Barack Obama is getting hell from the left and the right for his handling of the people’s revolution in Egypt.

Critics on the left, like Niall Ferguson, in a new column in Newsweek today, argue that the President should have pulled the rug from beneath Hosni Mubarak and openly aligned the U.S. with the protesters in Tahrir Square from the outset.

Critics on the right, like Glen Beck and others, chastise Obama for failing to publicly support our “ally” Mubarak .

Since Obama did neither, Obama’s performance is being dubbed a “foreign policy debacle” and a “colossal failure.”

Wrong, on both counts.

This was a case, not uncommon in diplomacy, where ambiguity was the highest and best use of the bully pulpit. If the President had come down decisively in favor of the protesters, it would have pushed Mubarak out all the more quickly. But it would also have given the revolution a “Made in America” label and stripped it of its legitimacy.

Instead, the President spoke repeatedly of the need for an orderly transition that would accommodate the legitimate desires of the protesters and all Egyptians. Going forward, he should do exactly the same thing. Rather than endorse this candidate over that, or even this general over that general, the Administration should stick to the principles of democracy and openness and equality.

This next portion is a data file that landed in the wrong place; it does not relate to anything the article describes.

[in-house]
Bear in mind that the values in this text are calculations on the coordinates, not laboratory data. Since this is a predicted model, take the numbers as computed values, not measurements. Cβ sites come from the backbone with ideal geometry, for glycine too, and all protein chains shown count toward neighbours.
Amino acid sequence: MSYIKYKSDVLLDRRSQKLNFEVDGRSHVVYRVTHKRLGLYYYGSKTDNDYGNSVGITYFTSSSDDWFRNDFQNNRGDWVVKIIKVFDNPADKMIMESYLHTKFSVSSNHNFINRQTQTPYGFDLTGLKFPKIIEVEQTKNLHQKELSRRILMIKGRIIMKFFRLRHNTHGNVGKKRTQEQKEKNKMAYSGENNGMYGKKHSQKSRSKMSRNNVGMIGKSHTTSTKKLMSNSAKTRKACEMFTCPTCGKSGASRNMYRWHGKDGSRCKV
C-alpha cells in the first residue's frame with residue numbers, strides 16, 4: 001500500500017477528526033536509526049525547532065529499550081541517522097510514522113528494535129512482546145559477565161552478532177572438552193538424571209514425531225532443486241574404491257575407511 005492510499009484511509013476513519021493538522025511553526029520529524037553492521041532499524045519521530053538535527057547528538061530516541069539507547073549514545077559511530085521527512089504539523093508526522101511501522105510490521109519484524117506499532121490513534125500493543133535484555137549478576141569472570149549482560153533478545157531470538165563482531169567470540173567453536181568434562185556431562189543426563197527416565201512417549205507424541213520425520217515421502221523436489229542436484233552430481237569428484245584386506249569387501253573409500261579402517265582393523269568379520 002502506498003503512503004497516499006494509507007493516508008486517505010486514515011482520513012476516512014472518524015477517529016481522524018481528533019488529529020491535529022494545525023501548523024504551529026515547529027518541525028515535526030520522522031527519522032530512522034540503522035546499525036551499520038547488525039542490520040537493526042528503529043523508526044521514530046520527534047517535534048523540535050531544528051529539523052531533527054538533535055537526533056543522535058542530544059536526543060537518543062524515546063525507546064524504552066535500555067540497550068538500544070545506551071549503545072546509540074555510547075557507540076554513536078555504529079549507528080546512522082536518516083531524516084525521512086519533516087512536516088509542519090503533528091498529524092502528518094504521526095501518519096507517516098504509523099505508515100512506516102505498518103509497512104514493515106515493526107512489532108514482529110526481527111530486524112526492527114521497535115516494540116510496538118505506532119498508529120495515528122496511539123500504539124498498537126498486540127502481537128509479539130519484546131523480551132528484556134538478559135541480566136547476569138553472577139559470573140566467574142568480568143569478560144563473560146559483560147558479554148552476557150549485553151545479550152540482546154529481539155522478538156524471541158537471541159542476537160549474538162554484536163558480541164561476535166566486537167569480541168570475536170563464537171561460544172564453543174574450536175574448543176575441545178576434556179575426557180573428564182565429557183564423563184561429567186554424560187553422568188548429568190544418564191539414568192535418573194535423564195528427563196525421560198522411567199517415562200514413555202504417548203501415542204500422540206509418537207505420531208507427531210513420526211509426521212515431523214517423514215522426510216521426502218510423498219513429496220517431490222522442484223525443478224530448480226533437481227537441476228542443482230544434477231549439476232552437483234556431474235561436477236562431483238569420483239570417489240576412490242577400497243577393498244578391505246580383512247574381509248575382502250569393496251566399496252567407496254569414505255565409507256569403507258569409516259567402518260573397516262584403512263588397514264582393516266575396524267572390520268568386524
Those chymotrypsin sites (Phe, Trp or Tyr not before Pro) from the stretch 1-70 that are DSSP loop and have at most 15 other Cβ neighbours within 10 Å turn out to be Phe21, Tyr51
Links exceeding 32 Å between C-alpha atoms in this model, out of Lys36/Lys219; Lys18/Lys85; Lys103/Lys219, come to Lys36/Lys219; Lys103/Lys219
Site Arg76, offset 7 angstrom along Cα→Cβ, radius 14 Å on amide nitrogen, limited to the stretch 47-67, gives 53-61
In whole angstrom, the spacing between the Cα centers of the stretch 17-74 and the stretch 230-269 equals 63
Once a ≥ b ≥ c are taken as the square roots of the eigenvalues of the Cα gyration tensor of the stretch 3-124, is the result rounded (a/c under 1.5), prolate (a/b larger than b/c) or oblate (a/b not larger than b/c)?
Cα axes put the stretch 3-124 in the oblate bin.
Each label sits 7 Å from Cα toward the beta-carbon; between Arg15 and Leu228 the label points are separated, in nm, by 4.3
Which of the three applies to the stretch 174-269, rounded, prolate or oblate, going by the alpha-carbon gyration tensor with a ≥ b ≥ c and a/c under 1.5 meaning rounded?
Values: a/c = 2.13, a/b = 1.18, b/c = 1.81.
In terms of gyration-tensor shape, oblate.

If the U.S. adopts and stays with that posture there is a chance — just a chance — that this extraordinary, grass-roots revolution will result in elections and a democratic government later this year. It is crucial that the outcome be seen as the choice of the Egyptian people, not that of Washington-based foreign policy commentators from the left or the right.